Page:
Silence is Golden, Thanks to the Owl

Biologists have discovered several different reasons for which owls are able to fly in silence. The specific shape of the wing and the feathers have a lot to do with the cancellation of noise.   The serrated edges on the front of the owls wing help in channeling air smoothly over the wings, which reduces the amount of noise produced. In addition, the owls back feathers have a velvety look and feel in order to prevent abrupt pressure changes which cause noise.


Serrated front edge


Fluffy back edge

The following are the three reasons why owls are able to fly in silence:

  1. The primary feathers of the owl’s wings are  separated from each other, and the feather’s edges are serrated. In flight, the wings resolved the sound wave, which was produced after air passed the wings, changed the air flow status of its surface boundary layer, and inhibited the formation of air turbulence. This form has excellent performance in noise elimination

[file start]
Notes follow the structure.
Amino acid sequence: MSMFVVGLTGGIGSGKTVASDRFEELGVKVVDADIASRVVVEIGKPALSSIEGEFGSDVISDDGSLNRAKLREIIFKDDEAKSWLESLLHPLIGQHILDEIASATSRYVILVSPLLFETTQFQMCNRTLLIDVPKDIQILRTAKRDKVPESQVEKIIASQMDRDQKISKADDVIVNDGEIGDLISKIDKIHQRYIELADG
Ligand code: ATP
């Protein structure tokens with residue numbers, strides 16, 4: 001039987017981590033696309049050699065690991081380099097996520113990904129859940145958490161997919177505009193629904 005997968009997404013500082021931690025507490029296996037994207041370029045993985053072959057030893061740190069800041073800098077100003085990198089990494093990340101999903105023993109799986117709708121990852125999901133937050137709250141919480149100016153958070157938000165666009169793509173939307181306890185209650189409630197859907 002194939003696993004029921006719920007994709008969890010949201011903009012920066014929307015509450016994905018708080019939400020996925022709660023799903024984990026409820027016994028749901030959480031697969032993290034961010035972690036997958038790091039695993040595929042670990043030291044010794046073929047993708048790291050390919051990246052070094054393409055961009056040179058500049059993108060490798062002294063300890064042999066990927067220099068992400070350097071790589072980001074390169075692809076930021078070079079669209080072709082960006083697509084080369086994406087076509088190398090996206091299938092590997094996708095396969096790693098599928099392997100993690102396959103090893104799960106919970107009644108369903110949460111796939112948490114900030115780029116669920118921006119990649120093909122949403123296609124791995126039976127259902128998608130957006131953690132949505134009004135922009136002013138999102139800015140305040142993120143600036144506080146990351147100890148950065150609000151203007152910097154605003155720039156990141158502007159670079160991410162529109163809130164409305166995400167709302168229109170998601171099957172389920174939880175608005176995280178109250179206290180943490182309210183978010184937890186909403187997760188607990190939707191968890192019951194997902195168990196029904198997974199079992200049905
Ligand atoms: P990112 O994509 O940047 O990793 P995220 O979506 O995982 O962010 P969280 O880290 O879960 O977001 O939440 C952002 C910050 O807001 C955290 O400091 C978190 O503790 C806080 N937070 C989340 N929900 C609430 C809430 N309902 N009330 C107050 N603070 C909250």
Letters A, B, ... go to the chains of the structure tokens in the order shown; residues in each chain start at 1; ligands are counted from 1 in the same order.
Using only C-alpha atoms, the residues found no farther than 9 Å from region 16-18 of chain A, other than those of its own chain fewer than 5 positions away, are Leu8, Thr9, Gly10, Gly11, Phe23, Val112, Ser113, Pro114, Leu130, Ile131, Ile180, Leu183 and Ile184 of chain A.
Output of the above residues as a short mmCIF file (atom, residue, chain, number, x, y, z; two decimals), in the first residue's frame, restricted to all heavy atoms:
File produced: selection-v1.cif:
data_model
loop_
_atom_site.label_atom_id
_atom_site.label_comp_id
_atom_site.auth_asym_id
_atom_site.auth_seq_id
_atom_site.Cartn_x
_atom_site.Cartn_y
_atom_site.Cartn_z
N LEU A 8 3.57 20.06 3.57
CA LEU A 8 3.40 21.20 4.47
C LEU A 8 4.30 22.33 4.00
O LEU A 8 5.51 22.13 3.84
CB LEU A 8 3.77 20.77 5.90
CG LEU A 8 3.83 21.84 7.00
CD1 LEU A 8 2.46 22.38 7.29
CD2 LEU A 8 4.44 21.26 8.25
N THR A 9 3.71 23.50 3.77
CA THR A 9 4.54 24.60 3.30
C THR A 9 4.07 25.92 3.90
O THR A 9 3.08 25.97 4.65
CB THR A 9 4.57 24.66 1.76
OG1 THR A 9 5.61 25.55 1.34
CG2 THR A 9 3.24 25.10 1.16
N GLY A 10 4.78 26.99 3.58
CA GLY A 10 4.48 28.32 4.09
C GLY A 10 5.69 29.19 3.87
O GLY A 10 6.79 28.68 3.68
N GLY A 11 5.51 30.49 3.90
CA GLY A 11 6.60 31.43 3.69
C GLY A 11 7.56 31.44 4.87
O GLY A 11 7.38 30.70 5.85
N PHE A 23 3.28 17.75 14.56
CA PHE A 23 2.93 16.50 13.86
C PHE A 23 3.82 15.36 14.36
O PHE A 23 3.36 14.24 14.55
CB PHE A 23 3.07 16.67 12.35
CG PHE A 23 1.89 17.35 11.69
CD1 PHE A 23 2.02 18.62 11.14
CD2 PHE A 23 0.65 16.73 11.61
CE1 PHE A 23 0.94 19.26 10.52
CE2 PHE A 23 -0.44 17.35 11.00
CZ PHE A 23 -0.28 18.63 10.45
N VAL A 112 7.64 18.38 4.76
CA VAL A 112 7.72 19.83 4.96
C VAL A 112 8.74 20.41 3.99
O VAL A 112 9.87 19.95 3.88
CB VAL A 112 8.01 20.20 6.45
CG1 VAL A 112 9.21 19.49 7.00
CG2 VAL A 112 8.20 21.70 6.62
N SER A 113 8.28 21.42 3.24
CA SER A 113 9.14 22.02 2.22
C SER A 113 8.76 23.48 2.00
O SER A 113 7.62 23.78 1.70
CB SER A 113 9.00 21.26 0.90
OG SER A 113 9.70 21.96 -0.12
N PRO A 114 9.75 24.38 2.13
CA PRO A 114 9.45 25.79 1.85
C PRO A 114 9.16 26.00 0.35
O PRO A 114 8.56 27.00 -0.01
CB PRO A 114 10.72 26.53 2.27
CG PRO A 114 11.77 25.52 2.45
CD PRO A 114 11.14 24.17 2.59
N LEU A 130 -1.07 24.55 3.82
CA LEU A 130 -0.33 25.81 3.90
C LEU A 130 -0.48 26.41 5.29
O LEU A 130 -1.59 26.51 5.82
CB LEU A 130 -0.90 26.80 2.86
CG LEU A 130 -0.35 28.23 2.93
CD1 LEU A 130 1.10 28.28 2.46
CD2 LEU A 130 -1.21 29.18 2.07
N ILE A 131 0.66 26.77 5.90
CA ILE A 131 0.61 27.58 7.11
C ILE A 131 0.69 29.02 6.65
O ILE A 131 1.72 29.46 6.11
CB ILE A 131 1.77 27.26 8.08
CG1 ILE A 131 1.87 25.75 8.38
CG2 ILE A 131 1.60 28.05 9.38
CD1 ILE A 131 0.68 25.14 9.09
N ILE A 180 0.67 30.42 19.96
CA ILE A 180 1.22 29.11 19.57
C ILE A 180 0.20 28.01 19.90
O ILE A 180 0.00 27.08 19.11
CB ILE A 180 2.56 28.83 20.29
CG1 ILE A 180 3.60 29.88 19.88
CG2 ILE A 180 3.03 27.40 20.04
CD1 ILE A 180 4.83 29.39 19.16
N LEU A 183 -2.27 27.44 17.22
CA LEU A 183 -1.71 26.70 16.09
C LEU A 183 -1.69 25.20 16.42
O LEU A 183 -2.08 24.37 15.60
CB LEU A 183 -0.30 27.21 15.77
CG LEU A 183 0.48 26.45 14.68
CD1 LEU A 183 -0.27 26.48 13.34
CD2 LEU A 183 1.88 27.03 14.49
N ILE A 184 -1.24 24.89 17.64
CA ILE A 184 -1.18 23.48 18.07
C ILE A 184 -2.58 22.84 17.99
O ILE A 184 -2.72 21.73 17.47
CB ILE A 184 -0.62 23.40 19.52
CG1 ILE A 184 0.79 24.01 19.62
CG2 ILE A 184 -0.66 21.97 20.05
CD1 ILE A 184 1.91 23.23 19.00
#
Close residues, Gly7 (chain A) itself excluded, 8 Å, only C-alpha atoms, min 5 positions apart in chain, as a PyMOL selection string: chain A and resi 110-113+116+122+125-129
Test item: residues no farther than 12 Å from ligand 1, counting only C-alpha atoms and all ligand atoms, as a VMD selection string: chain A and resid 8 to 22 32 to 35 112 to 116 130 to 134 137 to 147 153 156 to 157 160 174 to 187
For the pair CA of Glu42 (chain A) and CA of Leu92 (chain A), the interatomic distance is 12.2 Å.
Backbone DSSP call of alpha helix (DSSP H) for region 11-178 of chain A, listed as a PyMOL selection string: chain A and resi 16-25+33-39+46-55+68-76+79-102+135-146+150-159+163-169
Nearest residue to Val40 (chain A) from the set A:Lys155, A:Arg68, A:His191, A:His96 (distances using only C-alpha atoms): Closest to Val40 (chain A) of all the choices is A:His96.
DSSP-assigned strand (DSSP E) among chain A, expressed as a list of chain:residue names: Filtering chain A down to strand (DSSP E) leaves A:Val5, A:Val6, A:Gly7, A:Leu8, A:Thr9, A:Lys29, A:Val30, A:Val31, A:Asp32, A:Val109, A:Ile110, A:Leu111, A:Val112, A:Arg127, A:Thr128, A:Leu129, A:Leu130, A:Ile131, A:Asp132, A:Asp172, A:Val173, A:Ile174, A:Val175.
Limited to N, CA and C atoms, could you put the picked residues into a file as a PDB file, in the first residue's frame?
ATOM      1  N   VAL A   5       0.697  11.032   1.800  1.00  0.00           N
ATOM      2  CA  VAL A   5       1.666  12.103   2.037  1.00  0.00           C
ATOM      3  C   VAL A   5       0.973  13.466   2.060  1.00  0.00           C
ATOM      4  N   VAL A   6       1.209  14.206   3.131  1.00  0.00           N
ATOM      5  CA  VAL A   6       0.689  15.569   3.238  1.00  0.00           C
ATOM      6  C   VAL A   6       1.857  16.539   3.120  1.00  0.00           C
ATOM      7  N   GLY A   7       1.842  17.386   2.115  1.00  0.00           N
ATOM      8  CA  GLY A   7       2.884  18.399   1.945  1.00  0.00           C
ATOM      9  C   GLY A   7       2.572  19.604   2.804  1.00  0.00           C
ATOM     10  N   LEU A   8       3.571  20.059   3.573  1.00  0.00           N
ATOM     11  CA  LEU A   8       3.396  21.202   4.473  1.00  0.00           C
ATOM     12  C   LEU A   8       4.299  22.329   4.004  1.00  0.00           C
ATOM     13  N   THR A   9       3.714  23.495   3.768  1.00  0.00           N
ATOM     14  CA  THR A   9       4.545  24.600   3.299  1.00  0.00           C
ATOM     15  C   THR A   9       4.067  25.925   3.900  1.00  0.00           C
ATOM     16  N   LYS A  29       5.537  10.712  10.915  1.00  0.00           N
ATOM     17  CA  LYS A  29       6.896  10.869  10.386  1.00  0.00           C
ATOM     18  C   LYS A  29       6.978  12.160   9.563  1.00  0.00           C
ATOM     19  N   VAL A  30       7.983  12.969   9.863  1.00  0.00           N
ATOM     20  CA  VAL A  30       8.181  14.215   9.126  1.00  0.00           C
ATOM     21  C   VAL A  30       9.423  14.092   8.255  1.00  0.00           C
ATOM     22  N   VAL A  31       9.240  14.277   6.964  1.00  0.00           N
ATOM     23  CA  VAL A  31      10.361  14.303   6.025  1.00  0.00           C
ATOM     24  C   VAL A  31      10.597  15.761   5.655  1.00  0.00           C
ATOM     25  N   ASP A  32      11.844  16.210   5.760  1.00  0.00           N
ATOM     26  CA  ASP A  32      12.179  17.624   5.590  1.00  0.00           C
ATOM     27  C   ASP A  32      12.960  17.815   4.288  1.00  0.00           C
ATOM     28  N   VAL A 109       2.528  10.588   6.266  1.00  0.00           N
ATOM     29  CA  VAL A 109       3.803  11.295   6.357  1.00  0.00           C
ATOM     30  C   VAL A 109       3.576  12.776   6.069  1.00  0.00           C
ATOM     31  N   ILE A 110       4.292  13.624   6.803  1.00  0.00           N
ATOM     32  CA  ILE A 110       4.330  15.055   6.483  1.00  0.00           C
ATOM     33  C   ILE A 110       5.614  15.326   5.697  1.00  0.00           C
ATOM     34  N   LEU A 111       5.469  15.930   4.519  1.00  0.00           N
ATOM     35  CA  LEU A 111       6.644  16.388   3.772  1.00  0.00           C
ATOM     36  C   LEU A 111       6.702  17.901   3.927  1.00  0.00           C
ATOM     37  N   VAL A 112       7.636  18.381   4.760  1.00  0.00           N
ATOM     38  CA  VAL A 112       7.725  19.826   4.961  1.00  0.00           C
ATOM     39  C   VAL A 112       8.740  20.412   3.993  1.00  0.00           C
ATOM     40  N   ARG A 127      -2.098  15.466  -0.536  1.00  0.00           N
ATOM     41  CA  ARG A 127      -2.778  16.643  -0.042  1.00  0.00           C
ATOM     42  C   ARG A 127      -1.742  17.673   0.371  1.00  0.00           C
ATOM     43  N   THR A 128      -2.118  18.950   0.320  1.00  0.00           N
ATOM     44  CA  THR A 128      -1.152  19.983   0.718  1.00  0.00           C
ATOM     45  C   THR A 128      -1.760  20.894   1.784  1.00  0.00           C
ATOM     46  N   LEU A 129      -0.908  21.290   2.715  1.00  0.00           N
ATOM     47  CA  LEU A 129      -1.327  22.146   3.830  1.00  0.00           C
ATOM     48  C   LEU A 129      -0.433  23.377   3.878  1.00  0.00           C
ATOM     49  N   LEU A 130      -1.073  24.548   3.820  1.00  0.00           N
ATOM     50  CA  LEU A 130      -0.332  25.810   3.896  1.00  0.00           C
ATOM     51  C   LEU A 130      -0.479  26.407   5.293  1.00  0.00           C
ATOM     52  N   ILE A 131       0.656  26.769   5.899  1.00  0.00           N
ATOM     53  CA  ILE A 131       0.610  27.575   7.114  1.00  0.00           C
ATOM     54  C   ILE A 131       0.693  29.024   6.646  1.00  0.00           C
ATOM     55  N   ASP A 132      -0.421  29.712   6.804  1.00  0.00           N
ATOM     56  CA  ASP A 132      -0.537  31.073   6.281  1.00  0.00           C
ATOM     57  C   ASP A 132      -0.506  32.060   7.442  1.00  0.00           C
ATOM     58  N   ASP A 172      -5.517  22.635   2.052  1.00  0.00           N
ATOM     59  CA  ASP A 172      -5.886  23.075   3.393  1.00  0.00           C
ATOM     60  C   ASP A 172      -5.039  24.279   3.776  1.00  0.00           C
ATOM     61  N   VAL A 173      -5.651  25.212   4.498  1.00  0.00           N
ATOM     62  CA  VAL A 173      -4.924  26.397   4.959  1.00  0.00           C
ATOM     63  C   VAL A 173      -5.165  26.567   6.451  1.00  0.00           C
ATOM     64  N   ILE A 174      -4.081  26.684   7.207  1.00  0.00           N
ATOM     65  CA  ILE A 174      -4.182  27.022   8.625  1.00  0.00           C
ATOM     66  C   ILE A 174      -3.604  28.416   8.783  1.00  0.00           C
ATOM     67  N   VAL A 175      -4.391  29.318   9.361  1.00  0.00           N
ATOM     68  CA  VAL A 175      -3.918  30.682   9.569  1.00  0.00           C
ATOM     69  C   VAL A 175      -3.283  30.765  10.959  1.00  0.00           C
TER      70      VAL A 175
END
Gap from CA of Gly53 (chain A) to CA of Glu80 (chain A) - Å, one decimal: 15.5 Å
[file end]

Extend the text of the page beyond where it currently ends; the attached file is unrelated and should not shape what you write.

2. The smear feathers at the end of wings are spiciform and have no regular arrangement.
  3. The soft feathers on owl’s wings can absorb surplus sound whose rate is over 2000 Hz. It’s the reason why prey cannot hear the owl.

Geoffrey Lowley has been studying owl flight and how it can be incorporated to improve on Quiet Aircraft Technology, specifically within the Vehicle Systems Program at NASA’s Langley Research center in Hampton, Virginia. Since some airports such as Chicago O’Hare and Heathrow have strict policies on noise restriction, engineers figured that reducing the noise can have more flights take off which would increase revenue. This may help the airline industry which has been struggling for fuel costs.

In order to accomplish a noise reduction, researchers proposed creating a retractable fringe for the plain that would mimic the owls’ trailing feather. They believe that putting on a velvety coating on landing gear will aid in the absorption of noise.


One Comment

Lorena Barba posted on December 7, 2011 at 12:19 pm

Great post! Fascinating that we can make airplanes quieter by studying owls … so cute, too!